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Published: July 3, 2020


Coronaviruses are a large family of viruses, some causing illness in people and others that circulate among animals, including camels, cats and bats. Rarely, animal coronaviruses can evolve and infect people and then spread between people such as has been seen with MERS and SARS.The outbreak of Novel coronavirus disease (now named COVID-19) was initially noticed in mid-December, 2019, has spread to more than 185 countries/territories worldwide. The causative agent for COVID-19 earlier termed provisionally as novel Coronavirus has been officially named as SARS-CoV-2. WHO is providing technical information on appropriate available essential medical devices which are indispensable for treatment centres, community-based units and other preventive activities, in affected and neighbouring countries.There is clear evidence of human-to-human transmission mainly through respiratory droplets that get generated when people cough, sneeze, or exhale. It is also transmitted by touching, by direct touch and through contaminated surfaces or objects and then touching their own mouth, nose, or possibly their eyes. The people most at risk of COVID-19 infection are those who are in close contact with a suspect/confirmed COVID-19 patient or who care for such patients. This article discuss about the rational usage of personal protective equipments (PPE).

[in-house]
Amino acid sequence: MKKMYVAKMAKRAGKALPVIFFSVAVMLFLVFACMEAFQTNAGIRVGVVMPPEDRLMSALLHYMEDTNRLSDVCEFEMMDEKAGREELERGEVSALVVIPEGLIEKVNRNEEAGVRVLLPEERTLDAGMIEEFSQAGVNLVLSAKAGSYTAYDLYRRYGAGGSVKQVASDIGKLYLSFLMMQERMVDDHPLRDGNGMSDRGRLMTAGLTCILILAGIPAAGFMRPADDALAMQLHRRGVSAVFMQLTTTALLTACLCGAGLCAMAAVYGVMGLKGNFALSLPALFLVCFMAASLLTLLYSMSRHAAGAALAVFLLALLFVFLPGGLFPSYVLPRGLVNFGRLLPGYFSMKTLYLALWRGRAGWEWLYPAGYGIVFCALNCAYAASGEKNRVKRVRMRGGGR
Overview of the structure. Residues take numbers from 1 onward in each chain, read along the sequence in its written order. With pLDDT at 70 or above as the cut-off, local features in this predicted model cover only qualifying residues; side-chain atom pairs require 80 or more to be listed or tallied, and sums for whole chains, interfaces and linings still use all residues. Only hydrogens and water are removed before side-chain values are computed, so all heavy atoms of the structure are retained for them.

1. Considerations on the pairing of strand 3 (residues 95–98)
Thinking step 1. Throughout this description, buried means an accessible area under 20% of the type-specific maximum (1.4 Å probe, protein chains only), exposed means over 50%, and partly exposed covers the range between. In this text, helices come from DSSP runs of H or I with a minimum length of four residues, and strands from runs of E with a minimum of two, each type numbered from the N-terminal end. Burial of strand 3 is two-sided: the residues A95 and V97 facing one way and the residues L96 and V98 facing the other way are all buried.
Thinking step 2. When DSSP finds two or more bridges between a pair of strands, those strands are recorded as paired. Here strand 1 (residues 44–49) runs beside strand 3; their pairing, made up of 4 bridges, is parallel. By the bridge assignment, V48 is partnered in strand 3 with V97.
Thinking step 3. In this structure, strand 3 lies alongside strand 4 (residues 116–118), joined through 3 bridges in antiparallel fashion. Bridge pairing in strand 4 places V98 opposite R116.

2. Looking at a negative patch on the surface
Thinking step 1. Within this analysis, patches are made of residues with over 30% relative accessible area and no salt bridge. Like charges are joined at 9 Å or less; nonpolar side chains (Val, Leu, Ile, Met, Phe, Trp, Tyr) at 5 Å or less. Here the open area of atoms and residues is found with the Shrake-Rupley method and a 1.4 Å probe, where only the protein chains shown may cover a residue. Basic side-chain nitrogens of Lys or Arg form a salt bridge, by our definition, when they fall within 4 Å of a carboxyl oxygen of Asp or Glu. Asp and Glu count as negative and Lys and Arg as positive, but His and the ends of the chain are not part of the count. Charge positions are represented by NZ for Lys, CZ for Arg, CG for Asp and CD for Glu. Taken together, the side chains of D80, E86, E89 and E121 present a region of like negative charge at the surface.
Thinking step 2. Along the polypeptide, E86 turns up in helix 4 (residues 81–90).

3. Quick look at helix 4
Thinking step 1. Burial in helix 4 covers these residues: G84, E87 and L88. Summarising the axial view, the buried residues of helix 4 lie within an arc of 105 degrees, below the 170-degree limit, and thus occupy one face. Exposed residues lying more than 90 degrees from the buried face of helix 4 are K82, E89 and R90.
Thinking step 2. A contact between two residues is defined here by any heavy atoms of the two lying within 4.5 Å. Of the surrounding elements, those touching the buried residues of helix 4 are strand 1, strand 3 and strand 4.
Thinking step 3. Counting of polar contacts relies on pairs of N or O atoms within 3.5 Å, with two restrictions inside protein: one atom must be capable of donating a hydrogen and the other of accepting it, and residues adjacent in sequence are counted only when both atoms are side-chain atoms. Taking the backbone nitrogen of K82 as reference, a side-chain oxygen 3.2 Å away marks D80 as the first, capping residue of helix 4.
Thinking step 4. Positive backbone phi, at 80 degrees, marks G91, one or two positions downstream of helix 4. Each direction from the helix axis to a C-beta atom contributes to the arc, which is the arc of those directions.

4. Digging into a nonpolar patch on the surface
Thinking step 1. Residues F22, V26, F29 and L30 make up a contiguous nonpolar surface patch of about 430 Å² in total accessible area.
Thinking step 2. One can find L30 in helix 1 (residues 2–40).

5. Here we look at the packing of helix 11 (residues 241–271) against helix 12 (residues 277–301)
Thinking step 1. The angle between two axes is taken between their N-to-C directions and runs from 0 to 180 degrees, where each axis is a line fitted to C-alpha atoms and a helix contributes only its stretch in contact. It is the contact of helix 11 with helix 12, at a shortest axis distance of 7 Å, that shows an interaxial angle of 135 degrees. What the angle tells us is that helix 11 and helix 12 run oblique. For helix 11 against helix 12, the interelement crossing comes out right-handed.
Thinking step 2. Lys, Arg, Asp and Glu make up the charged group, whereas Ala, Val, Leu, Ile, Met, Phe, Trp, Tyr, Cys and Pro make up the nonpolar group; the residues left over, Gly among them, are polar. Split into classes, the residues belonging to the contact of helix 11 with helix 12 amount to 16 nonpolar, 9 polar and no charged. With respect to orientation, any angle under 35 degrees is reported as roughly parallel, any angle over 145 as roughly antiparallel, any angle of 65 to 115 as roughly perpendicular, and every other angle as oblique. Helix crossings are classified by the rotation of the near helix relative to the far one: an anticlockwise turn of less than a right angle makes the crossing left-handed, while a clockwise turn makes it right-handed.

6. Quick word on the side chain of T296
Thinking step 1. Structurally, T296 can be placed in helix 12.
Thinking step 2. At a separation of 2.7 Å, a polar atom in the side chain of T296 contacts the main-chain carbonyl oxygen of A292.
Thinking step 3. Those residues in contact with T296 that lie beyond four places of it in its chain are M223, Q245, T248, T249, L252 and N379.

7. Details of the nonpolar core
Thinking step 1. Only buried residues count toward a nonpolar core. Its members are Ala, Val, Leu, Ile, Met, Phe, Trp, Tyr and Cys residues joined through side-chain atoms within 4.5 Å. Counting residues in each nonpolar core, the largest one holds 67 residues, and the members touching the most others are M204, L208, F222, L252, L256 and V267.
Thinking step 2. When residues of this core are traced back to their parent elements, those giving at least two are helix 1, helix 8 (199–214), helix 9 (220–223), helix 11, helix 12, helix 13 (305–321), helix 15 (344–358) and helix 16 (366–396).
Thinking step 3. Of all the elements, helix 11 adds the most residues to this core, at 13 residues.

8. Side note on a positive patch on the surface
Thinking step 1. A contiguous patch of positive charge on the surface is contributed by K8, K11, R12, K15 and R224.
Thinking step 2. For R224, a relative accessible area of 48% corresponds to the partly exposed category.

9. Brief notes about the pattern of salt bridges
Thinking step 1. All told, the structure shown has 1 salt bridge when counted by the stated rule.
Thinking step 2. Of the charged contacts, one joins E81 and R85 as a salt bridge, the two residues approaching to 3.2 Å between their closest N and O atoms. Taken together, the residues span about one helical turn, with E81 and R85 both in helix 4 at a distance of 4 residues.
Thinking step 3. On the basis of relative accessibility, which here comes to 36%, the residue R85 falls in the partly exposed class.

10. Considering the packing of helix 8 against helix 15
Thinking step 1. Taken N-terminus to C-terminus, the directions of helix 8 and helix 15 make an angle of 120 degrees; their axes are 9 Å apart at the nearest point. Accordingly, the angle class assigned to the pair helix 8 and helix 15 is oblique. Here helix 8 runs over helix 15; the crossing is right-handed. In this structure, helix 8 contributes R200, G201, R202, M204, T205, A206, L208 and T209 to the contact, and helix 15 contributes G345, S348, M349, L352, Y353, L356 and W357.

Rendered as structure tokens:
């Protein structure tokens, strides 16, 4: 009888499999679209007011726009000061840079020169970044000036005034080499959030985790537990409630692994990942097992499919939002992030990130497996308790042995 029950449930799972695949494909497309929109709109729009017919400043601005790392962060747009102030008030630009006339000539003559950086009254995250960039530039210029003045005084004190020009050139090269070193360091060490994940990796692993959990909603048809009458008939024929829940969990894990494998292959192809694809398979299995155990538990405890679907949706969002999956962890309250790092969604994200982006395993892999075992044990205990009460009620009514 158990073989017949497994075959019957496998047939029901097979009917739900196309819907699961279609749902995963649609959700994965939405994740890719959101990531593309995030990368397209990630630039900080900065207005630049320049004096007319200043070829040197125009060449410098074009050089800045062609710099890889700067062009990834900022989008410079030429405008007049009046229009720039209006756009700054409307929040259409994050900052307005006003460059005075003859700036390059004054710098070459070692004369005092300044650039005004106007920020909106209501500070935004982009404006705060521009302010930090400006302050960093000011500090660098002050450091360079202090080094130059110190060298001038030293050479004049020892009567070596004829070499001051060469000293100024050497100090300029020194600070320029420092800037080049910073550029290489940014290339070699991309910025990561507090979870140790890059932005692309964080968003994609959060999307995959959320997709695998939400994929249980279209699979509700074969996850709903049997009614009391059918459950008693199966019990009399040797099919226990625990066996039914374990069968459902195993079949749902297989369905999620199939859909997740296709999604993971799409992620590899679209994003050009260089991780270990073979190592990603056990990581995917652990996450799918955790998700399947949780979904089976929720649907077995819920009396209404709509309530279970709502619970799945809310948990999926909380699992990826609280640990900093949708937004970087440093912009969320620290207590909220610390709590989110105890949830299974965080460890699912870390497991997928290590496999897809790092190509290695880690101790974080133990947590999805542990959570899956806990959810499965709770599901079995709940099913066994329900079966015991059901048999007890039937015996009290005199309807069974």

Personal Protective Equipment (PPE) is most important in preventing transmission of the Ebola virus not only in treatment centres but also various activities, e.g. cleaning, waste management and safe burials, and community care related to the outbreak. Personal Protective Equipments (PPEs) are protective gears designed to safeguard the health of workers by minimizing the exposure to a biological agent.Personal protective equipment, commonly referred to as “PPE”, is equipment worn to minimize exposure to hazards that cause serious workplace injuries and illnesses. These injuries and illnesses may result from contact with chemical, radiological, physical, electrical, mechanical, or other workplace hazards. Personal protective equipment may include items such as gloves, safety glasses and shoes, earplugs or muffs, hard hats, respirators, or coveralls, vests and full body suits.


  1. Gloves:Protects your hands from microbes and minimizes the possible spreading of microbes.